STB hears Aroostook rail concerns

14 years ago

By Kathy McCarty 
Staff Writer

PRESQUE ISLE — Federal officials from the Surface Transportation Board joined state, local and business leaders at the Presque Isle District Court July 7 for nearly six hours of discussion on the future of rail service between Millinocket and Madawaska. The meeting was necessitated by Montreal, Maine & Atlantic’s request earlier this year to be allowed to abandon about 233 miles of track in parts of Aroostook and Penobscot counties.

Participants were designated a few minutes each to voice their concerns and answer questions posed by each of the STB officials, led by STB Chair Daniel Elliott III.

STB Commissioner Charles “Chip” Nottingham said it was “bittersweet to be here (at the Presque Isle hearing)” because it could mean the possible termination of freight rail service, should MMA’s request for abandonment be approved and no agreement reached for the purchase of the section of track in question.

Congressman Michael Michaud kicked off the discussion, expressing gratitude to the Board for making the trip to Aroostook County to see “firsthand the devastation this abandonment would create.” He said the economy of states like Maine couldn’t grow, without the infrastructure (like rail) in place.

“It’s vital to the area’s livelihood. If this line were to shut down, it would devastate the region,” said Michaud. “We need to show we’re serious about keeping the line open. Everyone has to be willing to make a sacrifice to do so.”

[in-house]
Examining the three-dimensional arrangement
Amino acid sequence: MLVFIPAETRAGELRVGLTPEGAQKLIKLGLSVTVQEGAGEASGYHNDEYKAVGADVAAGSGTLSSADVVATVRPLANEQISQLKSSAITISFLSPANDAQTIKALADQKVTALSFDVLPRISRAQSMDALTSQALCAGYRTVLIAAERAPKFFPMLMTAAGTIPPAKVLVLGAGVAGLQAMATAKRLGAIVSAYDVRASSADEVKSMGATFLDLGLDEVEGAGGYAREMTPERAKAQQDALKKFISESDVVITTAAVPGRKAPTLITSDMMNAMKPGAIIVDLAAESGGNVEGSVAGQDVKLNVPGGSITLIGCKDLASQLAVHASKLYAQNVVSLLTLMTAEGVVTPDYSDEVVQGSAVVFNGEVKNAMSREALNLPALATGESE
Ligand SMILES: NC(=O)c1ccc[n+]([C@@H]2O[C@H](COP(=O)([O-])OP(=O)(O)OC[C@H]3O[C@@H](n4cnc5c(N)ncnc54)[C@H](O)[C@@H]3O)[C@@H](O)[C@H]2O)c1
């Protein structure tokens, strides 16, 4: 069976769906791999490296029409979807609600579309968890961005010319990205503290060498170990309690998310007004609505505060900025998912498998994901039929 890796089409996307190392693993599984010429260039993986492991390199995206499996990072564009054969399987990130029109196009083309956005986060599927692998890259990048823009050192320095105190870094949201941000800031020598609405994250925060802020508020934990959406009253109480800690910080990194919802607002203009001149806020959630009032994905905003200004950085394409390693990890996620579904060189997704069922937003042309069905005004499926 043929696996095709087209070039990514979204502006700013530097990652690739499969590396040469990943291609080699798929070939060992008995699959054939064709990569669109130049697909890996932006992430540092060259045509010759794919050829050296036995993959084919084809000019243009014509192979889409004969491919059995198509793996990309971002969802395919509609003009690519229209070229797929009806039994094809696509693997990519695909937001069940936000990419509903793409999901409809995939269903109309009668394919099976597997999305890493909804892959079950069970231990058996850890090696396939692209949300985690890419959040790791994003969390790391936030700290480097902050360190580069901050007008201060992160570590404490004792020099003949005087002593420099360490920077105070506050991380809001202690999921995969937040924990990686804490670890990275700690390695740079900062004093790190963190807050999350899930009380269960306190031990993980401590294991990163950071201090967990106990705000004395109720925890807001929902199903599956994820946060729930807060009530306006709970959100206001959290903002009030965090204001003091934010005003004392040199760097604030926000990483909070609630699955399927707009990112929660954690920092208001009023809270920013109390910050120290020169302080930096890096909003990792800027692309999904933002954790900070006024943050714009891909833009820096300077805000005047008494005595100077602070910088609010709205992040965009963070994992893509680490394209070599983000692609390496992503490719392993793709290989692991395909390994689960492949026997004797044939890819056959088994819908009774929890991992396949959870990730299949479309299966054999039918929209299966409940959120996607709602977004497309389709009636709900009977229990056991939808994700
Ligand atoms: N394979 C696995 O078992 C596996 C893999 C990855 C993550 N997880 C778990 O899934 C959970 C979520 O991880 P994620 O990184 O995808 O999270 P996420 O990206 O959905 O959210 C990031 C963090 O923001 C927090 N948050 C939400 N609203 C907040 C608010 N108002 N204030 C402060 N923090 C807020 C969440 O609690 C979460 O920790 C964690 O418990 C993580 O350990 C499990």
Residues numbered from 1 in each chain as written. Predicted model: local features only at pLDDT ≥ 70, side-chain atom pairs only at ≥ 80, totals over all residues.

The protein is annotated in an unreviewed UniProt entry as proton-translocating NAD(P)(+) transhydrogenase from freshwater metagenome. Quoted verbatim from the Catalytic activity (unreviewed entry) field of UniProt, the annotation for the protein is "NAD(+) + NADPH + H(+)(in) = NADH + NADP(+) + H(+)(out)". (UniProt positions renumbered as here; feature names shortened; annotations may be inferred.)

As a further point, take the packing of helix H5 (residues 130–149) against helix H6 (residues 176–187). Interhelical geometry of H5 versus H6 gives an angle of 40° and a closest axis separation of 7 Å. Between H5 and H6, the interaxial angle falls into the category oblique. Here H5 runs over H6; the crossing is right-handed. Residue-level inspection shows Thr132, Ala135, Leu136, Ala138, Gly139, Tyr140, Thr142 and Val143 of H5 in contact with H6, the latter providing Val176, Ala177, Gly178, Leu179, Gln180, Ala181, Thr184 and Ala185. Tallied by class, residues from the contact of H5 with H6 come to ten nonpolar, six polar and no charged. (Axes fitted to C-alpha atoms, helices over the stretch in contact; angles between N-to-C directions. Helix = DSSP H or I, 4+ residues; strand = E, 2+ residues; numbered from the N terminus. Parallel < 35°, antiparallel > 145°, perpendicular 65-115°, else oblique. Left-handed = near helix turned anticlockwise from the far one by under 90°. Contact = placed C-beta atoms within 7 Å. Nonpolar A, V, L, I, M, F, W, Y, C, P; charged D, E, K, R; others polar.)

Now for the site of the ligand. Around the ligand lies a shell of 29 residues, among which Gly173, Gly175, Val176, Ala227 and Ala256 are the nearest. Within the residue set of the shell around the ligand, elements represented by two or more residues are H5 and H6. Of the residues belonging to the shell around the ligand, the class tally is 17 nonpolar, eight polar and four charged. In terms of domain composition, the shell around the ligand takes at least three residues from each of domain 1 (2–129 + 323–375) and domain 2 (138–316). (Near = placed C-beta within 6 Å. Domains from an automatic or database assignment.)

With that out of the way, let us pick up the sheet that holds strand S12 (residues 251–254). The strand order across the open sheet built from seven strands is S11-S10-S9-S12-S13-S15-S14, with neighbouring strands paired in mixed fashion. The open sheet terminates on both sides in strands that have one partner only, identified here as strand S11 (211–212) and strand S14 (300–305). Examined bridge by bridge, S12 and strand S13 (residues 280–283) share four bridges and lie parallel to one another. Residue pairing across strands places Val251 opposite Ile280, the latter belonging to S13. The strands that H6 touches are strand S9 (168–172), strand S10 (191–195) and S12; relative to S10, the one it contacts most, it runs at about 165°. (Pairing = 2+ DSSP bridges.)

Michaud said he hoped officials could reach some type of agreement, noting that “what’s behind the agreement will affect people’s lives.”

“Now it’s time for the STB to look at more than dollars and figures. This (the decision) will also affect individuals who rely on rail to stay alive,” said Michaud. “Maine’s entire delegation is behind this 100 percent to make this happen.”

Sharon Campbell and Phil Bosse, on behalf of Sens. Olympia Snowe and Susan Collins, agreed, noting how rail plays a major role in the County’s economy and the creation of jobs for many who call Aroostook home.

Maine DOT Commissioner David Cole called northern Maine “one of the finest wood baskets in the eastern United States,” and noted that “this not only fuels the area’s economy but mills downstate.”

“Based on interviews with shippers, there is produce to be shipped and there are outside opportunities. But first we must preserve the rail,” said Cole. “Shippers have invested in their facilities. Without rail in place, they can’t take advantage of the economic upturn. MMA, unfortunately, has already written off (the rail line), that’s why we’re working with shippers to find a solution.”

Cole said without rail, companies would have to rely on transporting products by truck.

“The idea of putting all these trucks on the road doesn’t make sense. In this day and age, it’s not environmentally friendly — it would be a step backwards for sure,” Cole said.

Nottingham said upwards of 70,000 trucks would be needed to compensate for the loss of rail service.

“That will trigger additional road maintenance,” Nottingham said.

Cole said despite the current waiver on weight limits — trucks weighing up to 100,000 pounds are now allowed on the interstate —  a number of problems would result, including a shortage of trucks and drivers, increased use of fossil fuels, damage to roadways and safety concerns for other drivers.

“We’re not anti-truck, we’re (pro) intermodal,” said Cole.